An analytical history of the Fatimid Caliphate, emphasizing its spirituality, inner contradictions and lasting legacy.
# 145198 | 1,457 words | 6 sources | APA | 2009 |
Published by Shaad on Oct 28, 2010 in History (Middle Eastern) , History (Religion) , Religion and Theology (Islam) , Philosophy (Religion)
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This essay aims to highlight the unique and defining characteristics of the Fatimid caliphate. The essential characteristic is claimed to be the fusing of the spiritual message of Ismailism with imperial rule, with the ulterior aim of winning allegiance of the majority of Moslems and conversion of the Sunnis. The origin of the schism between Shiite and Sunni is presented. The beginnings of the Fatimid caliphate is then charted, along with the intellectual and artistic flowering which it inspired. The downfall of the Fatimids is then explained in terms of inherent contradictions, where the worldliness of the Sunnis is explained to be more suited to answer the threat posed by the crusading Christians. The lasting legacy of the Fatimids is described, including the intellectual influence on the West, and the spiritual and revolutionary spirit which it endowed on Moslems everywhere.
From the Paper:"The rise of the Fatimid caliphate in the 10th and 11th centuries is a crucial part of Islamic history. A proper examination of this history throws essential light on the nature of Islam as a cultural phenomenon. At the same time it is able to explain many of the schisms that exist in the Islamic world today. The special character of the Fatimid caliphate was its missionary objective. It embodied the more spiritually based faith of the Shiites, and aimed for supremacy through winning the hearts and minds of the majority Sunnis. In this way it managed to fuse the spiritual and temporal realms to certain degree and for a certain period in history. This is a remarkable achievement not only for Islam but for any faith based rule. In contrast to it the Sunni caliphates, though claiming power on the bass of spiritual leadership, quickly lost the spiritual dimension to their rule, and degenerated into secularism and worldliness. In order to maintain their stance the Fatimid caliphate had to overcome internal contradiction, and the pressures ultimately proved fatal."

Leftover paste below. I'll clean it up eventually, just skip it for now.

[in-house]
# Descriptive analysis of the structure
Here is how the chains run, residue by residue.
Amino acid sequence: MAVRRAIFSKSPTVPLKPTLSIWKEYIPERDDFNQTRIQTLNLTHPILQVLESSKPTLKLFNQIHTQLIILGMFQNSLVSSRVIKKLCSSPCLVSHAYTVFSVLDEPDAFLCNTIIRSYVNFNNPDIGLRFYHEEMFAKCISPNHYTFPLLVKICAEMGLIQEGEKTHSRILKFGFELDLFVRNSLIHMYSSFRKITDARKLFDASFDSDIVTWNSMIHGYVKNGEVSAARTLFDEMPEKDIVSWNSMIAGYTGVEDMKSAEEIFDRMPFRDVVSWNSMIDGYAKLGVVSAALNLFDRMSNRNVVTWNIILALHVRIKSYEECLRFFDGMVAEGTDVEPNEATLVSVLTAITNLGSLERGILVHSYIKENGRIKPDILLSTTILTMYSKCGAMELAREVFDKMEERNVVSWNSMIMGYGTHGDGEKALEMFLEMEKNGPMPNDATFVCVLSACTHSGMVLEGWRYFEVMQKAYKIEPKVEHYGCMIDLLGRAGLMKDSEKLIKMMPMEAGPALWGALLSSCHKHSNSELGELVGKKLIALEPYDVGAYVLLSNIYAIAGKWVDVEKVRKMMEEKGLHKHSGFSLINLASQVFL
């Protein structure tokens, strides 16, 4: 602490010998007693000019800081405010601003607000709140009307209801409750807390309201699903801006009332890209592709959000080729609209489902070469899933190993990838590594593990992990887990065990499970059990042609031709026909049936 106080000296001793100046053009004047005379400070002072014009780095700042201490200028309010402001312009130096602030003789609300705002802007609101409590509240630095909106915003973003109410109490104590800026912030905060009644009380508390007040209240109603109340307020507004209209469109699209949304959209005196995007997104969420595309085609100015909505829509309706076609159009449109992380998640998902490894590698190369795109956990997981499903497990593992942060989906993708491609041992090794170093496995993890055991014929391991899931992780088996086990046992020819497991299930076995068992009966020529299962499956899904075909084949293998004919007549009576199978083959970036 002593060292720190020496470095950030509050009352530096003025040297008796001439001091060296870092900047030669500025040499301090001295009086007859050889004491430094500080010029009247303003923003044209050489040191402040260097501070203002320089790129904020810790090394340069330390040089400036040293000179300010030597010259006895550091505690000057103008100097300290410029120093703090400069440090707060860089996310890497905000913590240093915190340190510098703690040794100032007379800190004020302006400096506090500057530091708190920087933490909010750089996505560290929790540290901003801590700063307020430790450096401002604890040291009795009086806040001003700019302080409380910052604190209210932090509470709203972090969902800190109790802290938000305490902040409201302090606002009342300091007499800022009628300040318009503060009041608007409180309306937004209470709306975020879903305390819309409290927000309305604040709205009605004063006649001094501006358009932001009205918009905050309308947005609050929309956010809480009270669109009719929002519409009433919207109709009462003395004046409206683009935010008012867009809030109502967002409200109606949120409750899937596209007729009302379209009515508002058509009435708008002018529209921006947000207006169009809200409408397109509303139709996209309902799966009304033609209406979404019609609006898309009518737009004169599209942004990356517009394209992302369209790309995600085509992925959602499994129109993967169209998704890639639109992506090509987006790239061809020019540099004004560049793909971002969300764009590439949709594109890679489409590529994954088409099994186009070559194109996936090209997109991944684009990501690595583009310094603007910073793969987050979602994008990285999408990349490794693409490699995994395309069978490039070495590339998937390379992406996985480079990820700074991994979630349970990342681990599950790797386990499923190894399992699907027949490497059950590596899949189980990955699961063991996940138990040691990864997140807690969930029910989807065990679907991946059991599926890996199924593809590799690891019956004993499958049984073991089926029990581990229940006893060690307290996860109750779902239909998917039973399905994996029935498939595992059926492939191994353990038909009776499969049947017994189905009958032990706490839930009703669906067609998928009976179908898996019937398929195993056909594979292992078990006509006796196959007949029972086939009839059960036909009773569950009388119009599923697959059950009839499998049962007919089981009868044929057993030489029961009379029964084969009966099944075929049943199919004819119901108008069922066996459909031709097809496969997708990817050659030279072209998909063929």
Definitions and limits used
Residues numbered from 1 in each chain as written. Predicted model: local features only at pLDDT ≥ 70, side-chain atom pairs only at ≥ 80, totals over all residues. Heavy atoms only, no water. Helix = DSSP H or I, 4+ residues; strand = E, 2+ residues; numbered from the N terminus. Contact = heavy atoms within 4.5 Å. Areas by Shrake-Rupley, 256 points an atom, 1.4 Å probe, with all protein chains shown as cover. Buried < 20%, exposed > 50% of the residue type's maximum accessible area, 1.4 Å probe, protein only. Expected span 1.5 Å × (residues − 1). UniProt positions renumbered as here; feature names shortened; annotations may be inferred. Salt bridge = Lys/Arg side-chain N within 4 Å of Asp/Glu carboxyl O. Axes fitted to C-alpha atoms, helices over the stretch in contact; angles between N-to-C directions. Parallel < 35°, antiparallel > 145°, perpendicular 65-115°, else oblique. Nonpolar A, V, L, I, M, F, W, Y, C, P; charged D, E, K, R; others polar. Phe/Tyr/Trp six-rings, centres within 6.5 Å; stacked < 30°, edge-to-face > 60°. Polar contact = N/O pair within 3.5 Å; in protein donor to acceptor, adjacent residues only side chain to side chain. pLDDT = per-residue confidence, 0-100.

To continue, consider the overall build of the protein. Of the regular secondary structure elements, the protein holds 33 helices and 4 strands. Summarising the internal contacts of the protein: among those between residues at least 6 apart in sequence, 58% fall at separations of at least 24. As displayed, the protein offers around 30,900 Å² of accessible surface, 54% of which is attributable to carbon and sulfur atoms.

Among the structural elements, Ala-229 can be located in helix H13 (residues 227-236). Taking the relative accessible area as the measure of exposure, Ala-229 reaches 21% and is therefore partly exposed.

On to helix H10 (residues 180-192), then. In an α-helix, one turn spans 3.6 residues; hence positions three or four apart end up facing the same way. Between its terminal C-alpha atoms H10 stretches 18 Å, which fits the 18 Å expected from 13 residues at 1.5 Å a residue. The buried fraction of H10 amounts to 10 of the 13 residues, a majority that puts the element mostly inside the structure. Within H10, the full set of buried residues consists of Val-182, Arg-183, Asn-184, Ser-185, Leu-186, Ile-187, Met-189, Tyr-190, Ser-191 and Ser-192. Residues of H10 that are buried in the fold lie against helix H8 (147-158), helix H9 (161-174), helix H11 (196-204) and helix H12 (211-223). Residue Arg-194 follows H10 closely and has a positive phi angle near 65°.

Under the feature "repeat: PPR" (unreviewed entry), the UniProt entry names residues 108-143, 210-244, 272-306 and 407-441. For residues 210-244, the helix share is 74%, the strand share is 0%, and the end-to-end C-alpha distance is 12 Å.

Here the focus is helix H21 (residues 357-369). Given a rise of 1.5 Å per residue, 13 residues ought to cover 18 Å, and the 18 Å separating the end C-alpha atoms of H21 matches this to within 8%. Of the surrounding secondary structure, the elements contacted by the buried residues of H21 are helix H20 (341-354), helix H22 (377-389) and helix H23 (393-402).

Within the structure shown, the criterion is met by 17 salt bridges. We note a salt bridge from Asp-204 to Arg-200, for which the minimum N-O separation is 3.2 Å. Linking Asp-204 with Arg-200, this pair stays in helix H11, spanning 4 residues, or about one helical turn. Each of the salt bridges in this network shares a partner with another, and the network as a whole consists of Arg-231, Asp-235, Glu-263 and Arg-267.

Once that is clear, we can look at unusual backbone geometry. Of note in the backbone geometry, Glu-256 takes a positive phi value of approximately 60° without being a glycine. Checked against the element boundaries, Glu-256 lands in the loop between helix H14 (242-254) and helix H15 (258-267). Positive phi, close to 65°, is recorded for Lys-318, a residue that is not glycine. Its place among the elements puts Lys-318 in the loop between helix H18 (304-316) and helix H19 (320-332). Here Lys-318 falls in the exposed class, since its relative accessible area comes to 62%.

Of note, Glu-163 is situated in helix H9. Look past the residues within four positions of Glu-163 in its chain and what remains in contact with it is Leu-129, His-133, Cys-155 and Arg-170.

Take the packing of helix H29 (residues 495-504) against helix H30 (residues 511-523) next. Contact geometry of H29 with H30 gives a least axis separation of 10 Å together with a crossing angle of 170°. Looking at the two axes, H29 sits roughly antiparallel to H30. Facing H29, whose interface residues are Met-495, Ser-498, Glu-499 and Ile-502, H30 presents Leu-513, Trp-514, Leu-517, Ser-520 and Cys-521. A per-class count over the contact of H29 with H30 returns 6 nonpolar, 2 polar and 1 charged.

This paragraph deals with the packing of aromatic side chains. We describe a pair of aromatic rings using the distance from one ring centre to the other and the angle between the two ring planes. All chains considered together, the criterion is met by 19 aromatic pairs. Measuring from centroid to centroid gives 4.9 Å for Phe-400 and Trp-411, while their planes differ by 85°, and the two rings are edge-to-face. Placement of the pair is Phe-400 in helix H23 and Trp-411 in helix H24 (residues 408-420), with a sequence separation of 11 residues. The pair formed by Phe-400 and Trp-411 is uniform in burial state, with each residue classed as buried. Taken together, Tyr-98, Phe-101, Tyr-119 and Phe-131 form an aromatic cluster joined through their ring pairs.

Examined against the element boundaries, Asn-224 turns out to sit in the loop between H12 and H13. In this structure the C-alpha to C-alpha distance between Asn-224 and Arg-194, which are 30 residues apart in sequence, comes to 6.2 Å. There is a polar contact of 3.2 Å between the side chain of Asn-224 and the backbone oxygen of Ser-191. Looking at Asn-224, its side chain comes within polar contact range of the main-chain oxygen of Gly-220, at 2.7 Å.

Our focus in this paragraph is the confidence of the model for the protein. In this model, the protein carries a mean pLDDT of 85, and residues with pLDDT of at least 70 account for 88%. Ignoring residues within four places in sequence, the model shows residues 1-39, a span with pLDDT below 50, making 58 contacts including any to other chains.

Sample of Sources Used:
- Ali, M. A. T. S. (2006) Encyclopaedia of Ismailism, Islamic Book Publisher, New York.
- Daly, M. W. and Petry, C. F. (1998) The Cambridge history of Egypt, Cambridge University Press, Cambridge.
- Fisher, W. B., Boyle, J. A., Gershevitch, I., Shater, E. Y., Frye, R. N., Hambly, G., Melville, C. (1968) The Cambridge History of Iran, Cambridge University Press, Cambridge.
- Hodgson, M. (1974) The Venture of Islam, Vol.2, University of Chicago Press, Chicago.
- Lewis, B. (2004) From Babel to dragomans: interpreting the Middle East, Oxford University Press US, New York.
Cite this Analytical Essay:
The Spiritual Rule of the Fatimids (2010, October 28) Retrieved October 17, 2019, from https://www.academon.com/analytical-essay/the-spiritual-rule-of-the-fatimids-145198/
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